Elegran Manhattan Market Update: September 2020
August was another active month with increased buyer activity in Manhattan resulting in 25% more contracts signed compared to July. Manhattan supply (non-new development) saw only a 5.2% increase in supply, far less than the robust 27% increase we saw in July. The pace of new supply, while steady around 600 new units in July, declined each week in August with 413 units coming to market in the last week of August. Based on the market sales velocity in July and August, we anticipate a strong start to the Fall market
The pace of contracts signed was steady with an average of 169 contracts signed each week, compared to an average of 168 per week in August 2019. While July 2020 saw a 30% decrease in the number of contracts signed compared to July 2019, August 2020 saw a 2% increase in the number of contracts signed compared to August 2019.
Sellers continue to face a dilemma with regard to the optimal initial sales listing price. In the current market, buyers want a deal, so sellers often need to leave some margin in their price. However, if sellers price too high, they risk alienating buyers and receiving little interest. It is crucial for sellers to price appropriately to strike the balance between leaving a little room for negotiation, while still being priced at what buyers perceive to be a “good deal”.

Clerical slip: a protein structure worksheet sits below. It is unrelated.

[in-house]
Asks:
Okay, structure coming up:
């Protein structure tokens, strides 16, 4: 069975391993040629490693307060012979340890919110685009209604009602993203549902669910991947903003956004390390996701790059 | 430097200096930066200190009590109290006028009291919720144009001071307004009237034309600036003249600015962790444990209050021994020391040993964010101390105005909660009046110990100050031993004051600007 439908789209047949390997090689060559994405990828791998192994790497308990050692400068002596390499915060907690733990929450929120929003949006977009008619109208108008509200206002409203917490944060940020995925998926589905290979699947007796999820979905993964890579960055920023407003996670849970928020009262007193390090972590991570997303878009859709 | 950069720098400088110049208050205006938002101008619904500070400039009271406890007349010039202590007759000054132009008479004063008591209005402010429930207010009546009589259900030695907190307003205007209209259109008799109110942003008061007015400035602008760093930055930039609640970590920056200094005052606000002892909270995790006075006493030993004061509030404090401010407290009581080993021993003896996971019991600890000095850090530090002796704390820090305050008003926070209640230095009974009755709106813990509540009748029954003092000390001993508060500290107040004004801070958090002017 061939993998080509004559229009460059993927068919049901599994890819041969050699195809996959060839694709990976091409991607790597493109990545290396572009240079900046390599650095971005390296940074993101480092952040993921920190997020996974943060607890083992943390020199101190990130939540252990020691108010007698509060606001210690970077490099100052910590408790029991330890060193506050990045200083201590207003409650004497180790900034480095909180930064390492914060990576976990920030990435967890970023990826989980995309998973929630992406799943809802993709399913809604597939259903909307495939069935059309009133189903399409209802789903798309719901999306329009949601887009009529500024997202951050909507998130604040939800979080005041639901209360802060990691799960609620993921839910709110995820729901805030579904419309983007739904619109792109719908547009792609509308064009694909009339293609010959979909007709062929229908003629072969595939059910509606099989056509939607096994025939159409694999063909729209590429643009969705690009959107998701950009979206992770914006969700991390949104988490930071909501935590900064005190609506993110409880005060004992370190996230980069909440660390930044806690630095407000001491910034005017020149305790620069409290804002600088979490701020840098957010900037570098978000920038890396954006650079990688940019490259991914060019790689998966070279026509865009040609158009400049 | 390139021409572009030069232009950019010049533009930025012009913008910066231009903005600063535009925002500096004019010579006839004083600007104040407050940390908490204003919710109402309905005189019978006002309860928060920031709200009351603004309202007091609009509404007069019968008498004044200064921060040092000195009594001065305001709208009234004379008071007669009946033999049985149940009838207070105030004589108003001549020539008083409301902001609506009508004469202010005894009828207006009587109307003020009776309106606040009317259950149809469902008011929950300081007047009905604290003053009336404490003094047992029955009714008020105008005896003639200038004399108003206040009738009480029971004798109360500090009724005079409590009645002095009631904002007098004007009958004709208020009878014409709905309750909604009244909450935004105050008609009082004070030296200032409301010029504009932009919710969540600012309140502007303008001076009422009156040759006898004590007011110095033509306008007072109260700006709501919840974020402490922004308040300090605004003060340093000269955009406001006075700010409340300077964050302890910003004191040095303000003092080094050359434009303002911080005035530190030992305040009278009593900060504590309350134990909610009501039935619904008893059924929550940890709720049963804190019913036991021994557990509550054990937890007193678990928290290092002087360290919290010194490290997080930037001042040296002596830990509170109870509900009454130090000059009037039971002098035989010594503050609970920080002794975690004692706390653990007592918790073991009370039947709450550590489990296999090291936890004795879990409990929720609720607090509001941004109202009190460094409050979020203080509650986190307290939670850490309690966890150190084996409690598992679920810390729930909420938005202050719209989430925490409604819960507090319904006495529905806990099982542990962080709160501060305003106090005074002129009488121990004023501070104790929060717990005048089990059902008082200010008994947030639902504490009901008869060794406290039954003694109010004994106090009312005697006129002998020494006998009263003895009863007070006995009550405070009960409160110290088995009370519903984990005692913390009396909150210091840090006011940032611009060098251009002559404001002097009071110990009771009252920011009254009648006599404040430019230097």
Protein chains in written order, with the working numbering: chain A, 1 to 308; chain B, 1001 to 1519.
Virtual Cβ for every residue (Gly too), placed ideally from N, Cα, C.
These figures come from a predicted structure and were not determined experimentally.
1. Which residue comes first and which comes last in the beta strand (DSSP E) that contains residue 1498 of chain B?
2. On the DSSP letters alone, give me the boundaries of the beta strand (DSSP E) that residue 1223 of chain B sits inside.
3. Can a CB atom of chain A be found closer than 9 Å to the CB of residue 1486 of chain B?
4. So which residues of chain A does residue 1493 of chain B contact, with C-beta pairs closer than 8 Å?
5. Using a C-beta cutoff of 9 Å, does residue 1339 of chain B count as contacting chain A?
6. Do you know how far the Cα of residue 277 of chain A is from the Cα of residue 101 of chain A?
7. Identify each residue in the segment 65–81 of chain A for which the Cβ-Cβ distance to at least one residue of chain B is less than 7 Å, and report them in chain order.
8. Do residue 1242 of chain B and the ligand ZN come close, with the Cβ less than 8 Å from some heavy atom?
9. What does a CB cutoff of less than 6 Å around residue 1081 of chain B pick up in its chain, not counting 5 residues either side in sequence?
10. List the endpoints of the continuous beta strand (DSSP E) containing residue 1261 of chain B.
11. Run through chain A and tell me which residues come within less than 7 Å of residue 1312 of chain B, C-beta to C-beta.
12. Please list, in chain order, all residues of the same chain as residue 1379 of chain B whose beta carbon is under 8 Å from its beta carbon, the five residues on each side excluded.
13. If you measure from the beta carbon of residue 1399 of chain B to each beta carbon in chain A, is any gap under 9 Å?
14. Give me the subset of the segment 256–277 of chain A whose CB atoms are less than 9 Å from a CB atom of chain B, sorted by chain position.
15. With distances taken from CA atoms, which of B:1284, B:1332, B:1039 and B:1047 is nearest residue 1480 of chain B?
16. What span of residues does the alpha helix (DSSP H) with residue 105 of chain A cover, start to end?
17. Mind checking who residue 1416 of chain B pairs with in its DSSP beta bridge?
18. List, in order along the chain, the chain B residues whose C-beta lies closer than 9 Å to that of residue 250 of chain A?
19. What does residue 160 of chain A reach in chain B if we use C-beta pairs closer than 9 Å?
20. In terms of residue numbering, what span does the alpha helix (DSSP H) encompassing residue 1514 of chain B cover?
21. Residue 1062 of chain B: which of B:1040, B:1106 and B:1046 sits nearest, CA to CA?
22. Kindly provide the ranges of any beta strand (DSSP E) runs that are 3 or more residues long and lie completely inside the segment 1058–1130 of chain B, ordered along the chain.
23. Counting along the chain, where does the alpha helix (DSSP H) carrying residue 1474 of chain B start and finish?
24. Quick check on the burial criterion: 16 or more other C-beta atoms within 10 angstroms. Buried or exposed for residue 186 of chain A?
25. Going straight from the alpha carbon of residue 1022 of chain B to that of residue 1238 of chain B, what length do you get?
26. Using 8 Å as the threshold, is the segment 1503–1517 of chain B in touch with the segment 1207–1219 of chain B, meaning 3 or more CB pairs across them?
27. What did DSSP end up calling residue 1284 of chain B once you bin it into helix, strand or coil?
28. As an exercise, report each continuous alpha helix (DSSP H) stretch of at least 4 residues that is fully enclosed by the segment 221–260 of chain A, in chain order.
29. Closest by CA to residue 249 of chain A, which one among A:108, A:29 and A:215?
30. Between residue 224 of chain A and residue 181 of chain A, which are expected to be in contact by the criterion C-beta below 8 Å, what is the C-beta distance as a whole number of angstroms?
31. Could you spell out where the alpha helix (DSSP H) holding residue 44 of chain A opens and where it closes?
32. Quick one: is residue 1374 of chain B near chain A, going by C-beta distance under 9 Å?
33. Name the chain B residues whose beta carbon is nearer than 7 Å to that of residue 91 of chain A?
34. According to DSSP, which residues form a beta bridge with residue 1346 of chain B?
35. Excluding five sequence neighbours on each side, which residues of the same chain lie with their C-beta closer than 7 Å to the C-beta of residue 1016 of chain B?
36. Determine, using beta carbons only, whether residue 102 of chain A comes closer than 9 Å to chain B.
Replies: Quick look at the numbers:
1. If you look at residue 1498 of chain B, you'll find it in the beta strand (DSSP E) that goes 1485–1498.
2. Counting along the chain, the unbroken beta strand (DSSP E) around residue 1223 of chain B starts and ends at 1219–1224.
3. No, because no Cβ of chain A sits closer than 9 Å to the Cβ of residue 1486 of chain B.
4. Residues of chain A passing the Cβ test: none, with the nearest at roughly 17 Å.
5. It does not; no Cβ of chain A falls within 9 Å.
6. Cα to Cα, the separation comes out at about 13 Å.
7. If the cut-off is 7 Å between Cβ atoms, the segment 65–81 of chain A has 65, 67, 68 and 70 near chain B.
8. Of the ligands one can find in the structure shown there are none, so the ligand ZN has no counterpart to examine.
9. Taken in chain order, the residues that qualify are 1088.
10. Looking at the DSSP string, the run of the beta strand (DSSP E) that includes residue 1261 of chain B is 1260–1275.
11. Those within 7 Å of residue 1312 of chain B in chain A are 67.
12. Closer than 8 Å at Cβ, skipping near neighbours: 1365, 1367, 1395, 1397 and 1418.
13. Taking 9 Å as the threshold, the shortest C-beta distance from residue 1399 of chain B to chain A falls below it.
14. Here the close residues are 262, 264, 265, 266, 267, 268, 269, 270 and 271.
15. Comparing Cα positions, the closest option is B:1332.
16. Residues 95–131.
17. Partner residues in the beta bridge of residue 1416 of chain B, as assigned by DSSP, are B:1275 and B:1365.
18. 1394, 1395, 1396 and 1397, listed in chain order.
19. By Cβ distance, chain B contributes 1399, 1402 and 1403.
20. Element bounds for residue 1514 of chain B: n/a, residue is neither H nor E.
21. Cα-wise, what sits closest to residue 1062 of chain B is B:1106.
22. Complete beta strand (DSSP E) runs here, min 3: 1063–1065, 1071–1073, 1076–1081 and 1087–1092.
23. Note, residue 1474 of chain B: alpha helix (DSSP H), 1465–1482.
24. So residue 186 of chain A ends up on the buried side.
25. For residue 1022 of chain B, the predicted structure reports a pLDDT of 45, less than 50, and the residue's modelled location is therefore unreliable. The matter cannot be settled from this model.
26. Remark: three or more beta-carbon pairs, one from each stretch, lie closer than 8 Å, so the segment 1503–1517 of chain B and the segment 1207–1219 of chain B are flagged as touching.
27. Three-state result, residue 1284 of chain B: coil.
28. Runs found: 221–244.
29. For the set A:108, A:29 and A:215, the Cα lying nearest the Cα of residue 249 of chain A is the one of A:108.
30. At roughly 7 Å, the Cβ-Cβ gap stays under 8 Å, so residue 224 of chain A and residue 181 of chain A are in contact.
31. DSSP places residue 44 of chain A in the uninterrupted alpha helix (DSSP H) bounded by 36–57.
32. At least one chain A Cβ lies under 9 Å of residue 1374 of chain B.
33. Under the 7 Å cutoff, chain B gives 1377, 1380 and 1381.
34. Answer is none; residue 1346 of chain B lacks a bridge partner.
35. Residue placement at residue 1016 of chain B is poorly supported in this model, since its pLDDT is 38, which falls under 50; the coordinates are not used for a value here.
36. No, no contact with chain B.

The average pricing discount remained stable between July and August, with an average discount off the asking price of 5.26% in Manhattan. A big difference in the listing discount remains for those priced above or below $1M. The average discount for those priced below $1M is 2.28% compared with 7.74% for those priced above $1M.
The rental market has seen supply level off with 500 fewer units on the market than at the end of July. Additionally, about 500 more new leases were signed in August than July, an 18% increase in leasing activity. As we transition to the Fall, landlords are still offering concessions, negotiating the rent and tenants still have overall negotiating power.
The ongoing debate and negative headlines about New York City being “Over” have the effect of compounding buyers’ perceptions of the market. If the fleeing of major cities was as prevalent as the media is portraying it to be, we would see prices down significantly more than they are, as sellers would be more motivated to simply sell and less concerned about their selling price.
As inventory continues to increase, albeit at a slower pace, buyers may experience option paralysis with more apartments on the market than at any point in the last 10 years. A common buyer sentiment is that, “There will be another new option on the market next week, the price may be lower, let’s wait and see”. Buyers are also putting out multiple offers to see which sellers are most negotiable.
An educated and informed buyer’s broker can help to facilitate the buyer’s search, and has inside intel on what is on the market and what WILL be on the market, while ensuring they find the right home for the right price.